Every story starts this way, and it is a rare occasion that I have any clue at all what comes next. Oh, there will be breakfast, and the boy will put on his outdoor things, and at some point he will talk with the cat. He may spend the day helping the Queen of the Tinies, a fairy, to find a lost squirrel or to care for the little creatures of the forest. He may play all day with his friends, the little girl (who has no name) and Philip, who lives next door, or with Toby and Jacob across the field. Every story ends with the boy and cat snuggling into bed and falling fast asleep.
As my son listens to my words, I listen to the story itself, singing just under the surface of my thoughts. The stories are not high art. Sometimes there is a moment of pure gold, but often, there is simply a quiet, prosy account of the boy's doings – homey, comforting activities, mild adventures, security and joy. I rarely try to weave in a moral or a lesson, though some days he needs that, and it comes into the story somewhere.
These stories are gone from my memory by the time I leave the room. I try to hold onto some details to provide a little continuity, but I cannot tell you how many babysitters and other adults I have brought into the story, and then, like someone I meet at a party and cannot recall later on, I forget their names and how they were related to the story. It doesn't matter. It's not a novel or an epic poem. These folk along the way don't mean much beyond what they can teach the boy in that moment.
I have been telling stories my whole life. I remember the day I came in from the backyard and told my mother I had been sitting on my swingset, telling myself a story about a little girl named Annika. I was seven. Annika had hundreds of dresses the colors of the sunset, and she lived in a huge mansion. Much of the tale was an account of her wardrobe and her toys.
I told stories to my friends on the playground and on playdates at our homes. I told stories as my audition for the Renaissance Festival at 13, and in college to an audience of magic-hungry students. I told stories every day to the children in the nursery/kindergarten class I assisted, and to the children in my Russian lessons. I told stories every day as the lesson content for eleven years of Waldorf elementary classes. Stories are my language. Stories are my heartbeat, my breath, my bone.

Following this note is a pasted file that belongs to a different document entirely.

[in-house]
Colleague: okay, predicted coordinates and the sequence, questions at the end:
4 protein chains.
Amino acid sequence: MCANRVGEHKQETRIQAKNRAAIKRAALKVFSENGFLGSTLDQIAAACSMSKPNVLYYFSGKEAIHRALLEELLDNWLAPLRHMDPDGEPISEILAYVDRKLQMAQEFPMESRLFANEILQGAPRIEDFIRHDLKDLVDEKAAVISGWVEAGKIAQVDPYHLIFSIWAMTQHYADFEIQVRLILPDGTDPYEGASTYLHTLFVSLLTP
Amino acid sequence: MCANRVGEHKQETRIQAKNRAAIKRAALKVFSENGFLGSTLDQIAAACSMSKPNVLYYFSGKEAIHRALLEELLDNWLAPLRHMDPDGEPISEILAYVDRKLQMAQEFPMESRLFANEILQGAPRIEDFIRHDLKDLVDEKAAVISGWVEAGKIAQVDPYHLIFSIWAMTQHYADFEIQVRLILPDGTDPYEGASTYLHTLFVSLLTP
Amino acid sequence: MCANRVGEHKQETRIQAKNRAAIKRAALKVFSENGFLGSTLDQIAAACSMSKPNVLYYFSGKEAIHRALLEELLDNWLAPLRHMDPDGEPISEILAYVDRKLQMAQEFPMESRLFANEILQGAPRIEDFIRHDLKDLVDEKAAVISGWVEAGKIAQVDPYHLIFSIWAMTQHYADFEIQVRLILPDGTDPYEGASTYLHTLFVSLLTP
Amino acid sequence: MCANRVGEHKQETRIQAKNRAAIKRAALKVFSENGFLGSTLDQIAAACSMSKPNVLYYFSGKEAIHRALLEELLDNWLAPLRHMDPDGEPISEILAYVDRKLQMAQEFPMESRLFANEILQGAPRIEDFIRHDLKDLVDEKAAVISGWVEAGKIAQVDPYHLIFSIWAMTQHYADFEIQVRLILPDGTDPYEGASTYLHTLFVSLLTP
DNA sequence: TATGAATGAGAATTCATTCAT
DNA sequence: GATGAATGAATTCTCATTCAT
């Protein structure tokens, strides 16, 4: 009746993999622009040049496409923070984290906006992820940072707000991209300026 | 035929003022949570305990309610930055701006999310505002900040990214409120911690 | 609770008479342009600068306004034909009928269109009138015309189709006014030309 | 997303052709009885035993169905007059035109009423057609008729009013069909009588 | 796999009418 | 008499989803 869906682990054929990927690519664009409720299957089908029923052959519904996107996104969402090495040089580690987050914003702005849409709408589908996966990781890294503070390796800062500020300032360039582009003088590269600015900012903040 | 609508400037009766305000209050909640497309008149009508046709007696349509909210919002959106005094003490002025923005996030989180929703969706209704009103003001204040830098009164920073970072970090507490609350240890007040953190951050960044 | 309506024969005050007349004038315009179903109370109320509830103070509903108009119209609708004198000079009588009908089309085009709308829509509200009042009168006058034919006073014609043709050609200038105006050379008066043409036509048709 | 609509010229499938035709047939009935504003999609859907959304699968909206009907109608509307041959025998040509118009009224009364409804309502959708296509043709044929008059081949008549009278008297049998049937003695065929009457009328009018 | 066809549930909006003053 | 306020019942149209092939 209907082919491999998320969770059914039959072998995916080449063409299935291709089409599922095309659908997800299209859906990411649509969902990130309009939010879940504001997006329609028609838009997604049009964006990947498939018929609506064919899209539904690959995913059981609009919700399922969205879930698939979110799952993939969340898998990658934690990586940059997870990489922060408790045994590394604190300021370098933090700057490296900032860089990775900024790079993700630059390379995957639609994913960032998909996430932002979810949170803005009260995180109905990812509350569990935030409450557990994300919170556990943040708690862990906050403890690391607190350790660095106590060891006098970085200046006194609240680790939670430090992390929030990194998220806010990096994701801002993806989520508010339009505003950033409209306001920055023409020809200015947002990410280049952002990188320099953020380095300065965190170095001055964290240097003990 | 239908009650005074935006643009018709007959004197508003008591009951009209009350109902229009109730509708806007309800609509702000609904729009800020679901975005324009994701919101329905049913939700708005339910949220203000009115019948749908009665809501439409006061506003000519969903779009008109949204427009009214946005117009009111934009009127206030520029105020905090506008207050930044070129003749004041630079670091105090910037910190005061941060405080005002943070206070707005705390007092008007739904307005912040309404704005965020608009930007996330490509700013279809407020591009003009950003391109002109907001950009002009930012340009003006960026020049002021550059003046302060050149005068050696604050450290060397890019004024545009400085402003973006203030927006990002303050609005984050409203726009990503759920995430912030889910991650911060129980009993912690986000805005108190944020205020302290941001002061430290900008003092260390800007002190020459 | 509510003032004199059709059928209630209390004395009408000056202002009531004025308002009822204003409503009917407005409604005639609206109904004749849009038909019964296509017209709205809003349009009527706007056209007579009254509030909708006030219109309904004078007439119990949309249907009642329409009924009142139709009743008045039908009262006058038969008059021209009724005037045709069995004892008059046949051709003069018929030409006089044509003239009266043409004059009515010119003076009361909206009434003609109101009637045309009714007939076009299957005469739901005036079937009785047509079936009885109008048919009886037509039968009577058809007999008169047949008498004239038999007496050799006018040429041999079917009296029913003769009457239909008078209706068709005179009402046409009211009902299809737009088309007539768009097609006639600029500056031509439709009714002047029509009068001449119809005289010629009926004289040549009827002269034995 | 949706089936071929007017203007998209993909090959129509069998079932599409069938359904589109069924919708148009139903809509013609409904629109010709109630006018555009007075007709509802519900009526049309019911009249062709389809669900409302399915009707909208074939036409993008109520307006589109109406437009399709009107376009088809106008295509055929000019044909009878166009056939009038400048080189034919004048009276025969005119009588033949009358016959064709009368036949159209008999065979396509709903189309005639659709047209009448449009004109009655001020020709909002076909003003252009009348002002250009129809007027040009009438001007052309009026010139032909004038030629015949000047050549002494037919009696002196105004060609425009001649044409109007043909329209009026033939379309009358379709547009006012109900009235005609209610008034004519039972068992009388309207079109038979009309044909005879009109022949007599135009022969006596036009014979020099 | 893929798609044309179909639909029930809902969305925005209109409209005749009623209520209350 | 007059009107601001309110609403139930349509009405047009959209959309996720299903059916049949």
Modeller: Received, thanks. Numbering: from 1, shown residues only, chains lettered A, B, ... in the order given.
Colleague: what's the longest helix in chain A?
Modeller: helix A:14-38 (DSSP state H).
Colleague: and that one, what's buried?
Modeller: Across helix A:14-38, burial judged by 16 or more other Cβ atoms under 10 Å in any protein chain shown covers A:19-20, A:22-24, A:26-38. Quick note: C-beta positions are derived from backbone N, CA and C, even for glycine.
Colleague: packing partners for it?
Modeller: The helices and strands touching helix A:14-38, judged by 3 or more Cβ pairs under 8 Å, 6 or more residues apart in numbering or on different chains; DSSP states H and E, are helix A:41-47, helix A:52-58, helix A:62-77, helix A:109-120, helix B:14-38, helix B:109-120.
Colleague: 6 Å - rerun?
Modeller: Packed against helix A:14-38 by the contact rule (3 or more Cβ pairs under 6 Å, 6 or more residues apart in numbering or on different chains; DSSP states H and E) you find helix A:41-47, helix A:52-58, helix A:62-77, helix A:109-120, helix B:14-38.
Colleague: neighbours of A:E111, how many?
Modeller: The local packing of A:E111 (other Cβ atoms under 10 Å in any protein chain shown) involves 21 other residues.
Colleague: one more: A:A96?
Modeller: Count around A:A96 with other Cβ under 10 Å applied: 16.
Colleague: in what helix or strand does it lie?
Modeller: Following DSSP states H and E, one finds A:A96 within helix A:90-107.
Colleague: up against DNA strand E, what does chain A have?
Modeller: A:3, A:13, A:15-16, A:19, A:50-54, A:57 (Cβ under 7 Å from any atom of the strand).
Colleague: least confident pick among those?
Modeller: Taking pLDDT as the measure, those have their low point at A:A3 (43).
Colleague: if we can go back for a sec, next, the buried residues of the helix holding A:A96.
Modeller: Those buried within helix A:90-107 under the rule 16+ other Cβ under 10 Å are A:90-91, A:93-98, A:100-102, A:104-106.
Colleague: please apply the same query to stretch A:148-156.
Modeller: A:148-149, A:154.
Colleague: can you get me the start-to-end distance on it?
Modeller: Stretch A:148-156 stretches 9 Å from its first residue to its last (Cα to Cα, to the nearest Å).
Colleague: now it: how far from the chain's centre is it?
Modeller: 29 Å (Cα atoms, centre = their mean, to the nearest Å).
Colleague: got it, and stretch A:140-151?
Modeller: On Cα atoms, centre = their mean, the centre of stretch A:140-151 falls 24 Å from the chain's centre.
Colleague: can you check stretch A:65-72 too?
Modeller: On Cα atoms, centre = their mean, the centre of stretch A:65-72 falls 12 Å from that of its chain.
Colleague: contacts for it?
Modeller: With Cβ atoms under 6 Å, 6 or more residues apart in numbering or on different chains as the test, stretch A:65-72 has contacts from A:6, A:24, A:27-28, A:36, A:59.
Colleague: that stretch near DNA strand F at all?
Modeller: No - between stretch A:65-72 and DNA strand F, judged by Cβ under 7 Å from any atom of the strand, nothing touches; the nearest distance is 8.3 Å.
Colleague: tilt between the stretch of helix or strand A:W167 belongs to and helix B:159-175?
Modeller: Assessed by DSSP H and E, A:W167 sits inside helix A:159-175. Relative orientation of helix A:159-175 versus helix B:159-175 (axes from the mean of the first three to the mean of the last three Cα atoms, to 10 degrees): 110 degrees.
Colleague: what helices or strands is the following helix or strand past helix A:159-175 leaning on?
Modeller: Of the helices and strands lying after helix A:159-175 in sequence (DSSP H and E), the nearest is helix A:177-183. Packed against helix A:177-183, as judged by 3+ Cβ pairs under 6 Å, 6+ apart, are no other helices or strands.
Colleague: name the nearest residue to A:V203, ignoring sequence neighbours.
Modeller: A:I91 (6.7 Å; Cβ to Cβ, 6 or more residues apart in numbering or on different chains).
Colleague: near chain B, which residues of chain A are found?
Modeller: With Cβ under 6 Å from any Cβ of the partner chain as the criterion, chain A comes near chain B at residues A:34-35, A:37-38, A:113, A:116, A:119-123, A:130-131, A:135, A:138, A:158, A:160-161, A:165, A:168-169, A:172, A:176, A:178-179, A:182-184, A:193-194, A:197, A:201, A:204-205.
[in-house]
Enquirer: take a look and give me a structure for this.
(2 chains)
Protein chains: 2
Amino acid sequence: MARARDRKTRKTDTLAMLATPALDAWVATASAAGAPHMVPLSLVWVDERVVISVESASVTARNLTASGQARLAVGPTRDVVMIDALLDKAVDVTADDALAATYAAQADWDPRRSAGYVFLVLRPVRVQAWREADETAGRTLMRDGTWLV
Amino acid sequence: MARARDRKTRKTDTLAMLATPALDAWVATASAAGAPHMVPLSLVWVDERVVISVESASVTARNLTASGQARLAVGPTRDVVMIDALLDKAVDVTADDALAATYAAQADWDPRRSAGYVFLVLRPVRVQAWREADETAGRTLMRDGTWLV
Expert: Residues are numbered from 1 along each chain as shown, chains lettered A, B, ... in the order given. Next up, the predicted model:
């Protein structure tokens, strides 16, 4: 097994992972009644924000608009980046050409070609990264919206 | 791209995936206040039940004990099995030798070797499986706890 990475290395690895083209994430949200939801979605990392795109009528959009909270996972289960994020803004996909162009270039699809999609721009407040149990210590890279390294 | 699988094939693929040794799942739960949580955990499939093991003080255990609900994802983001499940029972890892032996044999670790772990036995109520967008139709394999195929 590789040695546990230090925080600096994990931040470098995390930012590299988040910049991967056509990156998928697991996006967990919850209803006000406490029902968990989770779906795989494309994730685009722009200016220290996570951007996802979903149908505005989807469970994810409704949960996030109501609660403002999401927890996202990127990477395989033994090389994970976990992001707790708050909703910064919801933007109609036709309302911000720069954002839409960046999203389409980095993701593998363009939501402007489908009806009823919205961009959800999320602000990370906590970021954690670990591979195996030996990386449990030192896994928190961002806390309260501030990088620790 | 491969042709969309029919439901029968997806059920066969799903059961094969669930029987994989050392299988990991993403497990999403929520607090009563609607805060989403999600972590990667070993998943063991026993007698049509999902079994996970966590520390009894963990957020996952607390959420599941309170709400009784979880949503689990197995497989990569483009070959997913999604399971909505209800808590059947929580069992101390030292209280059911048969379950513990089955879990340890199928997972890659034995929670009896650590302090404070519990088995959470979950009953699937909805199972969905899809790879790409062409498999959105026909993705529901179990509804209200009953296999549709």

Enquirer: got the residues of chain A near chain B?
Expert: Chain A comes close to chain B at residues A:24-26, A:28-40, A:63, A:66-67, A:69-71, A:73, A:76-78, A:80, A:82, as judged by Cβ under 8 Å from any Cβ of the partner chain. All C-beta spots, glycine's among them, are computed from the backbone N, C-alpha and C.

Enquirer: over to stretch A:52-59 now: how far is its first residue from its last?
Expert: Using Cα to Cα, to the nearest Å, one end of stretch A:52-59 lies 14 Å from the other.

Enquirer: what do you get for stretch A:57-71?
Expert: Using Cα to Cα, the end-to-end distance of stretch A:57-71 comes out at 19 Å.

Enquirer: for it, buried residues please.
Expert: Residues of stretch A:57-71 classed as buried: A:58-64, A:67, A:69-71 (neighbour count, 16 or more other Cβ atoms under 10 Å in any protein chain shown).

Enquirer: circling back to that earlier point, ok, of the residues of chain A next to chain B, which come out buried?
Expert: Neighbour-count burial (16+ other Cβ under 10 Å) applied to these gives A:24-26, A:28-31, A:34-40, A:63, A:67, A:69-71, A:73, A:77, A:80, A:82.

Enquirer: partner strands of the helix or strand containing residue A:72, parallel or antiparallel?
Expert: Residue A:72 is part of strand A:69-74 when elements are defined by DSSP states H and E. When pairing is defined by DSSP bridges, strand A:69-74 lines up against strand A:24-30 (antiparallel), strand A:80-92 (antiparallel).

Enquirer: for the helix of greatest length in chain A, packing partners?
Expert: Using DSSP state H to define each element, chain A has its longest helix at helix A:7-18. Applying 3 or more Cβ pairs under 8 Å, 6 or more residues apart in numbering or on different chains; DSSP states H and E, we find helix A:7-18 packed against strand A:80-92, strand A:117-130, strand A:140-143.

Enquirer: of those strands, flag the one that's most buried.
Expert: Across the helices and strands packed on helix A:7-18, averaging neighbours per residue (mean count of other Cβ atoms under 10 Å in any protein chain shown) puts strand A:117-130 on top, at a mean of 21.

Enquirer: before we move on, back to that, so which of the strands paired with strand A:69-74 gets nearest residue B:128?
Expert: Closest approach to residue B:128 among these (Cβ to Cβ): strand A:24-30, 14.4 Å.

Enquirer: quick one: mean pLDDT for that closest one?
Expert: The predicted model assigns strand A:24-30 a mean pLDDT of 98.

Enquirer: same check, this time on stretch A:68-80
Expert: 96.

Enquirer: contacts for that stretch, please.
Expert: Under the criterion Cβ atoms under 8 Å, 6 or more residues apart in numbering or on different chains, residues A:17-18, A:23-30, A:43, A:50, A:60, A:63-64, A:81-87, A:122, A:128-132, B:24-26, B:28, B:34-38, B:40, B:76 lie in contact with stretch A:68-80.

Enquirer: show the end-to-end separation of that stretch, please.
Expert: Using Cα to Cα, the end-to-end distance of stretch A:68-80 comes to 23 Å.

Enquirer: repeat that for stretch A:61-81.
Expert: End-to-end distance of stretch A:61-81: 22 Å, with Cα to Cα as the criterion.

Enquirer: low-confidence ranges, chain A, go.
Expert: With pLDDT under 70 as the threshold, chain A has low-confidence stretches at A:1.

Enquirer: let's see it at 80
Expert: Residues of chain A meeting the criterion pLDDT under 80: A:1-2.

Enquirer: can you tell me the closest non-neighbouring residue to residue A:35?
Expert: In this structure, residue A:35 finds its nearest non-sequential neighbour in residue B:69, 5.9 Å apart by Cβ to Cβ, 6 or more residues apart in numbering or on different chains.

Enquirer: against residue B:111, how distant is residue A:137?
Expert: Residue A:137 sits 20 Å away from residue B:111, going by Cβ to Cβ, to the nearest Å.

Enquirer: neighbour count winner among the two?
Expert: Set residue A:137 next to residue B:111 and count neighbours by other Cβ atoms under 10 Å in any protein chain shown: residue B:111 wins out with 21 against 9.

Let me tell you a tale, and then, tell me your stories. Don't tell me you can't, that you don't know any. Everyone knows a story. I want to hear yours. Welcome. Welcome to the story, to our work together. Welcome to breathing, to letting the story come from you and through you to your listeners. Welcome to flow, to the moment of being in the moment, of being in the story itself, relating the actions, the experiences, the sights and sounds and tastes and textures of your story. Welcome home, and welcome to the journey. Welcome to the forest and the mountain and the depths of the cold ocean. Welcome.
We are here to bring story alive for children, and for adults. We are here to bring story to those who are hungering and thirsting for what it is true. If you cannot believe in fairy tales, if the world is a land of hard truths and darkness, and if you never want to see what is vehind the locked door, then perhaps this land is not for you. For me, the hard truths are softened by a hand in mine, the darkness is dispelled by a single candle, and the fairies walk beside me and tunnel below the earth at my feet and float between me and the light of the stars. This is the truth, and this is where I speak to you. Come in. Please come in.
Sara Renee Logan has been telling stories to everyone who would listen since she was seven. She organized storytimes for her college roommates, and spent a year at Oxford studying folklore and folktales. Many years as a Waldorf teacher allowed her to tell stories about everything from Baba Yaga's hut on chicken legs to the water cycle to the life of Joan of Arc. Sara shares her life with her partner, Melanie, their son, and an unreasonable family of pets. She continues to share her love of storytelling and stories with audiences of all ages, specializing in bringing the wild beauty of folktales to young and old. Sara writes about parenting, storytelling, and about living a life with stories.